PubMed

    Saucier, Gerard

    2013-05-01

    Psychological research on beliefs, values, worldview, and ideology has been limited by inadequate structural models to organize the plethora of constructs. The present studies investigate the potential of a dimensional model based on lexical, dictionary-represented -ism concepts to form an organizing structural model. Four isms factors found previously in college samples are shown to replicate in community-sample data with better controls for acquiescent responding. But analyses also reveal a 5th factor involving egalitarianism and inequality-aversion, increasing the comprehensiveness of the structural model. Relations of frequently used constructs (values, authoritarianism, social dominance orientation) to the isms dimensions are detailed, demonstrating both the integrative and value-adding potentials of the model. The possibility of potential additional nonlexical factors (Trust in Government, Ethnocentrism, Xenophobia, and Nativism) is evaluated. Factors identified in these studies are demonstrated to show interesting relations with political-party preference, subjective well-being, and change over time in the Big Five personality dimensions. PMID:23607535

  5. TEACHERS BELIEF SYSTEMS AND PRESCHOOL ATMOSPHERES.

    ERIC Educational Resources Information Center

    HARVEY, O.J.; AND OTHERS

    THIS STUDY INVESTIGATES THE EFFECT OF A TEACHER'S BELIEF OR CONCEPTUAL SYSTEM ON HIS TEACHING METHOD AND ON THE CLASSROOM ATMOSPHERE CREATED BY THAT TEACHING METHOD. A BELIEF SYSTEM WAS CHARACTERIZED AS EITHER CONCRETE OR ABSTRACT. A CONCRETE SYSTEM WAS REPRESENTED BY A TENDENCY FOR THE TEACHER'S INSTRUCTIONAL APPROACH TO BE MORE STRUCTURED, MORE…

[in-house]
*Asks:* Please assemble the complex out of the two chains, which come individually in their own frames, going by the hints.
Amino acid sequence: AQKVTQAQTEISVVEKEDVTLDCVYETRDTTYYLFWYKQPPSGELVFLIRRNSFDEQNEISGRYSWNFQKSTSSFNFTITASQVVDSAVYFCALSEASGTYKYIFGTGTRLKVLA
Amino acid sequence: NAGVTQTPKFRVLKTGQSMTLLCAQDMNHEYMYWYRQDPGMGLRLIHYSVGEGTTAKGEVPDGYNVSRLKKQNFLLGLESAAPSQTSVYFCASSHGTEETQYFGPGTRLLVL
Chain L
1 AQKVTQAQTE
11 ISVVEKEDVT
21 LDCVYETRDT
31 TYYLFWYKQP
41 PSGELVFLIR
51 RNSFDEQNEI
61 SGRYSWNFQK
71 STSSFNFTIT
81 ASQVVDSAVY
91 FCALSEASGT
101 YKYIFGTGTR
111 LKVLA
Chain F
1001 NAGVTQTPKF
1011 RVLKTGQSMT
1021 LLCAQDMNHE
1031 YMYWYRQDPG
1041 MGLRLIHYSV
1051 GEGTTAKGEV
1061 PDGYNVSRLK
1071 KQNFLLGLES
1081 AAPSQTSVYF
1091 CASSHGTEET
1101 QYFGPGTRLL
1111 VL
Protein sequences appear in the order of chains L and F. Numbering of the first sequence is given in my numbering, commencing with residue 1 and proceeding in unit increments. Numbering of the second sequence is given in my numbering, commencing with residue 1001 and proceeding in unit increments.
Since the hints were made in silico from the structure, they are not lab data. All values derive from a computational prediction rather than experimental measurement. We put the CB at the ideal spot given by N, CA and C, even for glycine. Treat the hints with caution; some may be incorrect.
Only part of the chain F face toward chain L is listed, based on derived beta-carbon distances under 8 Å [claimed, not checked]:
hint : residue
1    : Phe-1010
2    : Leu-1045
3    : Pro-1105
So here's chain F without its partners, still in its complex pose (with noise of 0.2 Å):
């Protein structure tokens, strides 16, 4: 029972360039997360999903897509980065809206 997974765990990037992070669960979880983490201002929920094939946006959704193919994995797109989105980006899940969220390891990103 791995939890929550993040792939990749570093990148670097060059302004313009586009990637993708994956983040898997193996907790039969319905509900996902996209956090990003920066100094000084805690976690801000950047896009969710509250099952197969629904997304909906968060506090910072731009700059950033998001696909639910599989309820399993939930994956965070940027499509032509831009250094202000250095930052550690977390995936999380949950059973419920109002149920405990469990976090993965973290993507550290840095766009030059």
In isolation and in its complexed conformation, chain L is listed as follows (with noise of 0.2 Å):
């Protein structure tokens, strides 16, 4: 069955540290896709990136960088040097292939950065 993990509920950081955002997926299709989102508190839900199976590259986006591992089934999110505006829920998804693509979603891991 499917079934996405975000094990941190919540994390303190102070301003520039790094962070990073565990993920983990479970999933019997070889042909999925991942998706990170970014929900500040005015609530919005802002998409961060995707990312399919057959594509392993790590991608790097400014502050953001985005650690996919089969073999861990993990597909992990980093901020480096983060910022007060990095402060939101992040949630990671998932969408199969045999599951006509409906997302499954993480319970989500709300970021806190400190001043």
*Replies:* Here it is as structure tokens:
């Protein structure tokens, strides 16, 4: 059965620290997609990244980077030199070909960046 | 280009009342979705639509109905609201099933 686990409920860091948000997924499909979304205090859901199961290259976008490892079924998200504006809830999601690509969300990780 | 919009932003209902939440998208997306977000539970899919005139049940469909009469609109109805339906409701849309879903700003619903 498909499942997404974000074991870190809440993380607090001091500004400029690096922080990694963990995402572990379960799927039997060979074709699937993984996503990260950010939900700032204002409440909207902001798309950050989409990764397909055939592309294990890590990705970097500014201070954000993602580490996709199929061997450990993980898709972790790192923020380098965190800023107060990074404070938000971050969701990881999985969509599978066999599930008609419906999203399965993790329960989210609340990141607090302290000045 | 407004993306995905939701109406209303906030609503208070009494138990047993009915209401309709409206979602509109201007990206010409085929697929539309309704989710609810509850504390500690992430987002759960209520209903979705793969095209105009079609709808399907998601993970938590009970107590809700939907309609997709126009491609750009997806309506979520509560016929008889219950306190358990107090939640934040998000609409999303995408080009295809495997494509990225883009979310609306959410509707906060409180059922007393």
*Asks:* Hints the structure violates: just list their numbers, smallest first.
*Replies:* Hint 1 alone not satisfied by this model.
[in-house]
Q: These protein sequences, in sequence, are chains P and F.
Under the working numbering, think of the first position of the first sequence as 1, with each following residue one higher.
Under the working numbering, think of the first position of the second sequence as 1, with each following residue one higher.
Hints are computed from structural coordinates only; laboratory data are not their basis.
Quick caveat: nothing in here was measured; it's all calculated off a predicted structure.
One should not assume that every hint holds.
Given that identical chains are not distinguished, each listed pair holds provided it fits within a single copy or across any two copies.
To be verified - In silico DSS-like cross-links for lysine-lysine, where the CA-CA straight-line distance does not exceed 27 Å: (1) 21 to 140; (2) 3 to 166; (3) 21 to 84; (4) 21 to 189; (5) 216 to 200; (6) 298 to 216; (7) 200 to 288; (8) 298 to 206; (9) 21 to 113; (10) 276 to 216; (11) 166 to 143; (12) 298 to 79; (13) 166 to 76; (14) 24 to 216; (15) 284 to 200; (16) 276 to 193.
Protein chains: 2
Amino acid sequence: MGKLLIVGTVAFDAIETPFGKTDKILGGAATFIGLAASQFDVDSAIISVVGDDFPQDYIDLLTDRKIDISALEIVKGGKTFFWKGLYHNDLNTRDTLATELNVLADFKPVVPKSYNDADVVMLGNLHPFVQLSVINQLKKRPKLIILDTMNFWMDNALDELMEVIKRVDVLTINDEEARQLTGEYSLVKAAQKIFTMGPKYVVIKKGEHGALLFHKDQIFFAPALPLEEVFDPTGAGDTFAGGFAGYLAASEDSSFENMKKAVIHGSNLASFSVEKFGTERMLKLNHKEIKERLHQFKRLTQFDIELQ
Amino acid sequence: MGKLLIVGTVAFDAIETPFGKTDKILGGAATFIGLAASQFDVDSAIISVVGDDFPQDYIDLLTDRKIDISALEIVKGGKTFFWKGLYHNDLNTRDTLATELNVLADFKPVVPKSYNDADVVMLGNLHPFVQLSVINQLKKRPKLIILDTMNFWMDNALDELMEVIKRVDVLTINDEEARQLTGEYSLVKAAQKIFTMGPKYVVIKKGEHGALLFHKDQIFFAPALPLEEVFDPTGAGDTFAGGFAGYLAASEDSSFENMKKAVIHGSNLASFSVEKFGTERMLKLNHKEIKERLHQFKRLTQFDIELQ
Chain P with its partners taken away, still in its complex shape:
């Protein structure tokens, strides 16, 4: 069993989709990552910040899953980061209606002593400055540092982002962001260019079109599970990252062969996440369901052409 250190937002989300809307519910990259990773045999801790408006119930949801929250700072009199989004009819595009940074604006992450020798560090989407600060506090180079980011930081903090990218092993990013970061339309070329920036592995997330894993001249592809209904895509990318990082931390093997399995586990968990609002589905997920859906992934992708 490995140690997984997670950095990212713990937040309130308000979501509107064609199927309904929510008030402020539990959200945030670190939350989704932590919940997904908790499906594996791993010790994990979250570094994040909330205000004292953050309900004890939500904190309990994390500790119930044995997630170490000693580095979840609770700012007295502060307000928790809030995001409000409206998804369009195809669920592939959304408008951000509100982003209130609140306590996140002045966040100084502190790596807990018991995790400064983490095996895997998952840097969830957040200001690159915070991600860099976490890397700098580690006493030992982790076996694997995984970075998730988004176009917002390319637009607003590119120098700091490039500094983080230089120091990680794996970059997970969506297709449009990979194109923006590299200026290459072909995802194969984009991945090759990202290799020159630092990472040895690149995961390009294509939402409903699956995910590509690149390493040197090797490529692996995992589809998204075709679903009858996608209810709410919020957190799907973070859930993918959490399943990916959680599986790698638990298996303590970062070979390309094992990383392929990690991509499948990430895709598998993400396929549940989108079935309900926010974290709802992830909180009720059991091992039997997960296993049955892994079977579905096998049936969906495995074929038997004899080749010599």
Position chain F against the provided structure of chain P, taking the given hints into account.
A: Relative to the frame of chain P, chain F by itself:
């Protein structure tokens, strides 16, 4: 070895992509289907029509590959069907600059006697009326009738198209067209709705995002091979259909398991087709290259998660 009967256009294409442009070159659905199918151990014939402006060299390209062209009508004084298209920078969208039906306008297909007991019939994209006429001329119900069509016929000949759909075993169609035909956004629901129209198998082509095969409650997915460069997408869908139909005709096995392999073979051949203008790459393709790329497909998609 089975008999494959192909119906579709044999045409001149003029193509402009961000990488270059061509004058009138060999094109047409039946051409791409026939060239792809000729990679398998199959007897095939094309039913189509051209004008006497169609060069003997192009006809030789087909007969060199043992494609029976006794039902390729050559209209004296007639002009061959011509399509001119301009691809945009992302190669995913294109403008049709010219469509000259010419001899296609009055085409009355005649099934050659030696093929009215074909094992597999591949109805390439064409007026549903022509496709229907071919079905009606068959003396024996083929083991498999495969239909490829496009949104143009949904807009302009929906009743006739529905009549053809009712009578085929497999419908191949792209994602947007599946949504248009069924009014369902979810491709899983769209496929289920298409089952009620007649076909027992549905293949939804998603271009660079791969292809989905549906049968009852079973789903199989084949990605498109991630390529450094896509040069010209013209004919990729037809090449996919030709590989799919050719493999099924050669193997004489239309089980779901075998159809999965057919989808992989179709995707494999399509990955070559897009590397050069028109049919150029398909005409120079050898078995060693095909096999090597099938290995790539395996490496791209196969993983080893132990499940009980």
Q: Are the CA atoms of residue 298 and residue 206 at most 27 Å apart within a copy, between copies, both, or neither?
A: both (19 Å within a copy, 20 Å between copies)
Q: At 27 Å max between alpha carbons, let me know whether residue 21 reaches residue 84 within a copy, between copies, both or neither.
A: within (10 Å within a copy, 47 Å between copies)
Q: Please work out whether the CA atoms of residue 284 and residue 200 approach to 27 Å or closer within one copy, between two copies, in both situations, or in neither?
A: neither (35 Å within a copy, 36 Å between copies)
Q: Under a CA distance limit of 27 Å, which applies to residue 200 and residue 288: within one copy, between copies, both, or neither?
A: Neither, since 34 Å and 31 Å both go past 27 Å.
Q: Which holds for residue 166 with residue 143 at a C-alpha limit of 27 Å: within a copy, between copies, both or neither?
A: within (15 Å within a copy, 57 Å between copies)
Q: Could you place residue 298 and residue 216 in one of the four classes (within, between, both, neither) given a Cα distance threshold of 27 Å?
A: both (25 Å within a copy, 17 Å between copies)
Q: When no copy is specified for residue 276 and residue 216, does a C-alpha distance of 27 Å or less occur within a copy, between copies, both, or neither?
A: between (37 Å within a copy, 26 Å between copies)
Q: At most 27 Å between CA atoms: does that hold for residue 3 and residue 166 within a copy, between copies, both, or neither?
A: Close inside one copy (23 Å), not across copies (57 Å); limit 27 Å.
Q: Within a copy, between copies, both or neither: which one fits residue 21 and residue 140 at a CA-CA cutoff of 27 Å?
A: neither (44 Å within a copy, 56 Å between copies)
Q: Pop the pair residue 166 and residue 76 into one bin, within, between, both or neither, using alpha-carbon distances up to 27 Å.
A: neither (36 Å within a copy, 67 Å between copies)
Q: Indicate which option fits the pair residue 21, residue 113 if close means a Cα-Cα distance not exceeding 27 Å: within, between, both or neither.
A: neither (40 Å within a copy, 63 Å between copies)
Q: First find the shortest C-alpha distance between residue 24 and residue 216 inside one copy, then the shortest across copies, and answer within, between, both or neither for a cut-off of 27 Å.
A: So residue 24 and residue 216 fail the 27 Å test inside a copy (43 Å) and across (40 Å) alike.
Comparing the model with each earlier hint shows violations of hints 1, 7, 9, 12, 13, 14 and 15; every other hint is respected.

6. A New DST-Belief Theoretic Project Selection Model for Multi-Criteria Decision Support System

    NASA Astrophysics Data System (ADS)

    Bakshi, Tuli; Sinharay, Arindam; Sarkar, Bijan; Sanyal, Subir Kumar

    2015-10-01

    Decision-making problem is co-related to quality and availability of the information. Innovative algorithms are proposed as a mathematical problem-solving technique to work in uncertainty-based decision science domain. Evidence-based theory of Dempster-Shafer (DST) is an effective mathematical tool to deal with uncertainty in the decision-making procedure. The current research exposition on new decision-making method based on DST of evidence, quantification evidence preference from different multiple criteria defined by belief function has been presented. They have developed a new framework that tackles the challenges and borne out of uncertainty both in criteria and in alternative levels. The proposed hybridized MCDM tool developed upon fuzzy domain uses plausibility and theory of belief function to construct decision on uncertain and imprecise information. The proposed method can be well fitted for real-life application. An illustrative example establishes the effectiveness of the aforesaid method.